As I already “liberated” the stick from the Aires set, I also used the Aires real of the drag Areal as the Airfix representation looks a bit flat.

Originally I intended to replace the kit seats with the Quickboost Seats with Seat belts set 48794.

But comparing the Quickboost Seats with the kit seats, I came to the conclusion that the Airfix offering is more accurate for a Berta. One problem is that there are no pictures of the pilot seat I could find at the time and the next best thing was a sketch from the pilot’s manual.


To me, the Airfix seat is closer to the proportion of the actual seat as the Quickboost Seats looks too skinny.

Also the Quickboost gunner’s seat isn’t correct. It represents the seat used in the Dora with a lower back part. The Berta seat has a noticeable higher back part as can be seen in the sketch and the picture above and the Airfix seat looks much better. But Airfix has it located central in the fuselage whereby it should be closer to starboard as can be seen in the above picture as well. Airfix got it right in their 1/72 Stuka kit so I am puzzled why they placed it central in the 1/48 kit.

I decided to rework the Airfix pilot seat to look more like the one in the pilots manual.


And after finishing the seat, I came across some pictures of an actual seat!

The picture captions stated that this is a seat used in the Ju-87G, but I doubt this as the seat in the G looks very different.

And I also found some pictures of the gunner seat showing some nice details.


The seat on the left if from the Berta and the seat on the right from a Dora.

I also replaced the MP ammunition magazine racks with Quikboost set 48373 intended for the Hasegawa kit which does look much better.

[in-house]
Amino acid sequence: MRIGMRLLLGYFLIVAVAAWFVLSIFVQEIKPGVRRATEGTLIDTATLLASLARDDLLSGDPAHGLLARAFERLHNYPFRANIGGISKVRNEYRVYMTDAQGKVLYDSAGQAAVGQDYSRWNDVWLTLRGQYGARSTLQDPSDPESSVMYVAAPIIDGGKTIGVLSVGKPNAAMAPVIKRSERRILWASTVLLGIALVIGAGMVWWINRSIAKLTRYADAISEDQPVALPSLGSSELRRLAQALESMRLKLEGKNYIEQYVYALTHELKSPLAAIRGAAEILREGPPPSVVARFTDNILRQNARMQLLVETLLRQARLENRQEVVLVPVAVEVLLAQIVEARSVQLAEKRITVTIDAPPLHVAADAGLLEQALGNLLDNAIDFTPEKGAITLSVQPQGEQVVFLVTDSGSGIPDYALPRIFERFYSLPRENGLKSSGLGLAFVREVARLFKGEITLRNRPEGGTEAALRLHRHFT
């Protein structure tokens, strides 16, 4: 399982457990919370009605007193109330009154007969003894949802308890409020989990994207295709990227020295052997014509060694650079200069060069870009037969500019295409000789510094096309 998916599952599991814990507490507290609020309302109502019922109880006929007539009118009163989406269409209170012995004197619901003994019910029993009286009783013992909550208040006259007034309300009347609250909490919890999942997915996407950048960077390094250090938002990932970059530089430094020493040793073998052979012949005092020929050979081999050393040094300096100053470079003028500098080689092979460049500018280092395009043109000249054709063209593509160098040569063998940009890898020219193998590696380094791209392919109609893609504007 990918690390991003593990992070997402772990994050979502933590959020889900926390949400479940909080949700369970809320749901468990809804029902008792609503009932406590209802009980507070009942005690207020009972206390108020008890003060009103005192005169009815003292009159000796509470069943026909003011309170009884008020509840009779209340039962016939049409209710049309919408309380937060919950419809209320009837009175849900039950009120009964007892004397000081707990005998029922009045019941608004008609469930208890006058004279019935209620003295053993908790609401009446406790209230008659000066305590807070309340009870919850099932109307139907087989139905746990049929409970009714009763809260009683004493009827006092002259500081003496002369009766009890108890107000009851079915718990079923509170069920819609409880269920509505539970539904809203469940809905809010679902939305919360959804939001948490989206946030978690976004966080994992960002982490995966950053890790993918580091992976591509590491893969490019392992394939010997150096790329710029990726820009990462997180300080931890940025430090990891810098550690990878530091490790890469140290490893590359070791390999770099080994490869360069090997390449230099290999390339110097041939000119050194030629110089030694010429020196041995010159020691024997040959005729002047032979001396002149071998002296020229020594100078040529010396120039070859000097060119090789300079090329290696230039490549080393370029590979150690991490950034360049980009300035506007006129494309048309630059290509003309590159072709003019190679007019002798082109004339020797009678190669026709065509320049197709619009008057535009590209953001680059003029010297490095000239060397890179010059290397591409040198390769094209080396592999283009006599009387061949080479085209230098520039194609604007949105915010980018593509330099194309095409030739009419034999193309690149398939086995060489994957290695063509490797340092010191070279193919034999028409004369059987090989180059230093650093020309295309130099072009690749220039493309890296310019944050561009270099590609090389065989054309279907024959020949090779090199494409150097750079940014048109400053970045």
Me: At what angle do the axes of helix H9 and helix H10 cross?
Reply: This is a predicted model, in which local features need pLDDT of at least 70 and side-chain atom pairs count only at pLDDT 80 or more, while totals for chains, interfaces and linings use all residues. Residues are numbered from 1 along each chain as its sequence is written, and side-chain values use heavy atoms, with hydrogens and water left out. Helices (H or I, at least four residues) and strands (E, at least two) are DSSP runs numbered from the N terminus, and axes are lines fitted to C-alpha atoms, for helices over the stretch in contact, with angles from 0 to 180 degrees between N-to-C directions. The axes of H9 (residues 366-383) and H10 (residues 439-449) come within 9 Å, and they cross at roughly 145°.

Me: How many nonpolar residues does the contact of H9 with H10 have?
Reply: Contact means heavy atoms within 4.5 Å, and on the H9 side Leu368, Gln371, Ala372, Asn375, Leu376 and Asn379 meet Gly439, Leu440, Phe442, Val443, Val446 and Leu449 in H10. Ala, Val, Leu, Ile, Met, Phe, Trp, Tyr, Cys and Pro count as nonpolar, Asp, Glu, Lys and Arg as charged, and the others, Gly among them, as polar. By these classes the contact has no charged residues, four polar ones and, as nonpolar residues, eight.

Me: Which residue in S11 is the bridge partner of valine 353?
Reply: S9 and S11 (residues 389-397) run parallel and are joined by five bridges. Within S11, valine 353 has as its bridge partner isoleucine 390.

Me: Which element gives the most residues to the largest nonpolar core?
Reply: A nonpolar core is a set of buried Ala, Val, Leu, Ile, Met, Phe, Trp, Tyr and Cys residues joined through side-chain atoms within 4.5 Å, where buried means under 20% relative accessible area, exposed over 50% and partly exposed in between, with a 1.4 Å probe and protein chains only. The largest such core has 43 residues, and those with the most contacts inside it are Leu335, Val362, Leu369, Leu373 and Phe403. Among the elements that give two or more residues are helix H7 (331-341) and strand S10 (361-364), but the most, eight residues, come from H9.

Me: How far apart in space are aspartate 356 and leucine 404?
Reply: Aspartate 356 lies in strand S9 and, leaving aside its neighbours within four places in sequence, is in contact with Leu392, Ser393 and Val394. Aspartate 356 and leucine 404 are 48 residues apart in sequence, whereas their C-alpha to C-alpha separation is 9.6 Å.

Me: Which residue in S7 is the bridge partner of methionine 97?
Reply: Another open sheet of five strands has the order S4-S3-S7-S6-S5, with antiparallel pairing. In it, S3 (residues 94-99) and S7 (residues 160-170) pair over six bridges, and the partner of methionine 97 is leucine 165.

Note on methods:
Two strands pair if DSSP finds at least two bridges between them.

And surprise, it does all fit together.

With the instrument panel, Airfix did another boo boo as it represents the feature from the B-2, but has the shape of the B-1 panel.

So I decided to modify the Yahu B-1 panel to a B-2 as for whatever reason Yahu doesm’t make a B-2 panel.

Finally it was time for some paint. First a coat of RLM 02 followed by adding the pre-painted Eduard PE parts.



And then detail painting and a wash.



And some of the extra parts.

Fitted to the floor section.

The finished seats with the Eduard harness in place don’t look too bad.

And here we have it – the completed cockpit with a bit of weathering in place.

Unfortunately Airfix forgot some essential cockpit parts in the kit.

1 = Gun sight
2 = Pilot head protection bar
3 = Pilot head armour

I will cover these parts when I build up the canopy with the MG 15 in place.

Thanks for looking and please share your thought.
Cheers, Peter


9 responses to Major Walter Sigel’s Ju 87R-2 from Stab I./StG 3 – The Cockpit

  1. Very nice work on that cockpit! I too also love detailing the interior of a cockpit as much as my skills allow me, and this means AM stuff, scratch, painting and weathering. One item I found particularly interesting are decal placards. Airscale produces some great stuff in all scales, meant for different Air forces, including they Luftwaffe, have you tried them?
    I admire your dedication to get all the right forms and details on it. Bring on more

  2. Excellent work – lots of detail, and all nicely executed! Looking forward to seeing more as you progress.

  3. Fantastic work, deeply researched.

  4. This is top modeling. Wonderful work!

  5. Nice bit of work. Cockpits are brilliant. Especially on single seaters where you can actually have the canopy open! It’s decals that are the spawn of the devil.

  6. This is the best-documented model I have ever seen. Well done.

  7. 🙂 … Greetings … 🙂 :
    Very nice detail work Peter.

  8. Nice work Peter – great photos – A great build to follow.

  9. Beautiful work. It looks like you had a good time with that project. I love doing cockpits also. Yours looks great, I had much and that the kit supplied you a really good base to work with. One of my favorite interiors is the the one I did for my CyberHobby Bf-110.

    1 attached image. Click to enlarge.